Do you think it's ironic, that we allow these men to be in charge of our salvation?

It's so crazy for me to even fathom, that we go in and talk to a Bishop and they say, okay you struggle with this, I need to know more.  I don't get that.  Even when I was a member, I never did get that part.  I hope that answers your question, I think when I didn't limit myself to a certain religion, or certain congregation or a specific kind of person, it really opened my eyes to a lot of really incredible experiences.   For one, the friends that I have now, I could never image having allowed them to be in my life if I was still an active member of the church. 

 What advice would you have for others in a similar situation as you, especially return missionaries?

The first thing that comes to my mind is to not loose who you are, to not loose yourself, not to be overwhelmed.  I've been there and I have done that, and it was so overwhelming to be back in the world.  Give it time, don't be ashamed of who you are.  What I would advise, and easier said than done, because I've been there, I've been down that road, I've lived with the fear of what if somebody finds out that I'm gay?  How are people going to react and are they still going to be my friend when they find out that I'm gay.  Looking back it was a huge thing.  It was a big deal, it was like earth shattering to me, it really was.  I consumed it, it thought it, I breathed it, I ate it, I worried about it, I lost sleep over it, I made myself sick over it.  Umm... just to really give it time, to just be you, don't allow others to dictate your happiness and who you are and who you want to be, I just think that, life is too short to live the way others want you to live.  Embrace it, don't be afraid to be different, and if people do see you as different, that's okay.  Again, it's not the end of the world, but when I was in that situation is was my world, it was everything to me, and I thought it all come tumbling down and for a while it did, but I picked myself up and brushed myself off and I found my way.

What advice would you have for church leaders when they have a gay person come to them?

Yes, the word force should never be counsel that you give to a young man or woman that's having trouble with their sexuality.  I don't think that we should ever teach someone to force themselves to be someone they are not.  And I really felt that I was dirty and that I was less of a person, that I was a sinner, that I was making all these mistakes.   I really think that the church leaders need to understand that the counsel that they give or don't give is damaging.  It's killing a lot of youth, I know that in the last few years there were quite a few young men in the church that were struggling with coming out, that took their own lives, and I think that it comes back to the pressure that these church leaders are putting upon these men that are coming out.  There was so much pressure to keep that hidden, keep that quiet, it destroys the way you think about yourself, the way you see yourself, the way you live, it just takes everything out of you. It completely rips your soul from your body, it damaging.  And you know, I also think, when I was going through that, I wish they could have been more understanding, that they would have been more patient.  That they really would have been less afraid to say, you know this is wrong, Heavenly Father isn't happy with the choice that you are making.  I really think that at that age you are so vulnerable and you are already going through so much, that that should never be a part of the conversation, that you are not good enough, you need to go to the temple more often and read your scriptures, and you need to see the Stake President more often.  I think that church leader should teach that you should embrace yourself.  When they want to teach that we should be the exact same, and fit that cookie cutter mold, that's the issue.  I think the church, or any organization for that matter would function so much better if they allowed diversity, and they allowed other to think for themselves and not the way their church leader wants them to think.  I really think that's the issue.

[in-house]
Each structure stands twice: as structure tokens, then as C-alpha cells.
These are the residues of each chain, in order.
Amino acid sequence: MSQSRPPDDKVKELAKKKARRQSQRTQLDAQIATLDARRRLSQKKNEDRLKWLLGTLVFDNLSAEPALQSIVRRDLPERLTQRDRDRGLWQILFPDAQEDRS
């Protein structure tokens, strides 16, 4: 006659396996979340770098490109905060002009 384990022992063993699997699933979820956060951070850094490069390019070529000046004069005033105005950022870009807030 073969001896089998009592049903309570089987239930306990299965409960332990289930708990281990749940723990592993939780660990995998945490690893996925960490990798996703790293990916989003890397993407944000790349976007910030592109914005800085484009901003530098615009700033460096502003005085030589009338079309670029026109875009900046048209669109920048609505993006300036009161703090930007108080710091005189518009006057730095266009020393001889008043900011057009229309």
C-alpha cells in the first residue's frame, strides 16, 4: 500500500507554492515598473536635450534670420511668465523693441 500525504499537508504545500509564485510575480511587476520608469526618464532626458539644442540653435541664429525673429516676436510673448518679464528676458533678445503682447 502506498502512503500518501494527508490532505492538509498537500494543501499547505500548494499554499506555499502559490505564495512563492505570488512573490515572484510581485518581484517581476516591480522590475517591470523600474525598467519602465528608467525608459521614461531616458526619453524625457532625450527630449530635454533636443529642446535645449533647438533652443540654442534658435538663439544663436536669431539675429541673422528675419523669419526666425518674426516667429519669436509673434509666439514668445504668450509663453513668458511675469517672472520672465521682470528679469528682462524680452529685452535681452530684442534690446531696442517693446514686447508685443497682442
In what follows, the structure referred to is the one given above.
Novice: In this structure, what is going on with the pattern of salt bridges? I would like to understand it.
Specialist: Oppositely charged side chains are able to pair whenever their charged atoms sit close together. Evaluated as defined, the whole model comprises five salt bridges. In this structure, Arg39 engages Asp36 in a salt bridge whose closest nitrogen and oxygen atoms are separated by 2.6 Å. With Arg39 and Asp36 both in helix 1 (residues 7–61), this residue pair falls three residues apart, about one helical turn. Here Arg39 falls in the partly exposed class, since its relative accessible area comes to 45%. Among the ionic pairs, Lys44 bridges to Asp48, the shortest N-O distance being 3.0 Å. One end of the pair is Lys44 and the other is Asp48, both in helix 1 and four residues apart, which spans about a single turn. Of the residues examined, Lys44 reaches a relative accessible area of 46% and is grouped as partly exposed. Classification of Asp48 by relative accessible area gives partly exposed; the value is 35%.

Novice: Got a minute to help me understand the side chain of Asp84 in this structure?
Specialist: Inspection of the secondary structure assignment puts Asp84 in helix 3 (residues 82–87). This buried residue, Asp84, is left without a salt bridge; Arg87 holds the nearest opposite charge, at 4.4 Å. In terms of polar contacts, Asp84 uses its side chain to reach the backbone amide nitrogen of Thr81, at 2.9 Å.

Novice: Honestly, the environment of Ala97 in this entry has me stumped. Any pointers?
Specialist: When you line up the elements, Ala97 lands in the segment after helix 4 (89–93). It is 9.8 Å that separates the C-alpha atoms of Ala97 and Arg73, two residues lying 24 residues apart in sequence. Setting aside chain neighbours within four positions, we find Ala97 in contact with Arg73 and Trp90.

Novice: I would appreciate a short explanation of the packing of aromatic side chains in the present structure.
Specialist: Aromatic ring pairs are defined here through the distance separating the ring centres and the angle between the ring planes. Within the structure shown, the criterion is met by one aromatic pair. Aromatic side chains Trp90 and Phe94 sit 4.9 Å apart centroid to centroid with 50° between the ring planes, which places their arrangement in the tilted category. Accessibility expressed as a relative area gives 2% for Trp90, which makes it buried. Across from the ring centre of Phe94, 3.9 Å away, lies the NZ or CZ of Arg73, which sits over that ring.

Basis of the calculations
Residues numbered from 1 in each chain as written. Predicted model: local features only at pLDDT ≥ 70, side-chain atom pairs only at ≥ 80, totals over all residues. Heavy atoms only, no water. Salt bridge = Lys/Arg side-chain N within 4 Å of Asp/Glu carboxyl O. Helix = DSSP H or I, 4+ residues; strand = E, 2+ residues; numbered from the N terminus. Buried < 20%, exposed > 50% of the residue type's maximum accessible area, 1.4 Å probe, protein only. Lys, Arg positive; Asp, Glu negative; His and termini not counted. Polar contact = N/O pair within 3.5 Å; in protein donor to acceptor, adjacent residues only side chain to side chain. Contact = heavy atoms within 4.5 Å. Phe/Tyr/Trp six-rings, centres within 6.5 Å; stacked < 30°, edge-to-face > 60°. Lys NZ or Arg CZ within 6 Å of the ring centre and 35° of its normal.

Do you think they understand that they are possibly dealing with life and death situations, and the way that they handle it could actually mean life or death to someone?

I look at myself, for years I was suicidal, I took antidepressants, I was in and out of doctors offices, I didn't want to live any more, I was depressed, I couldn't get out of bed.  It almost killed me, the judgment of others almost killed me, so I would agree with you that that is true, that these are life and death matters. 

Do you think they have any inkling that they are dealing with something like that?  When you were talking with your Bishop, do you think he understood that you might be in such a situation as that, and that the way he was handling it could effect whether you lived or not?

I think that part of the problem, is that they don't understand.  And I don't think they have taken the time to want to understand.  If it's not in the church manual, if it's not what the first presidency has come out with, then he can't teach it.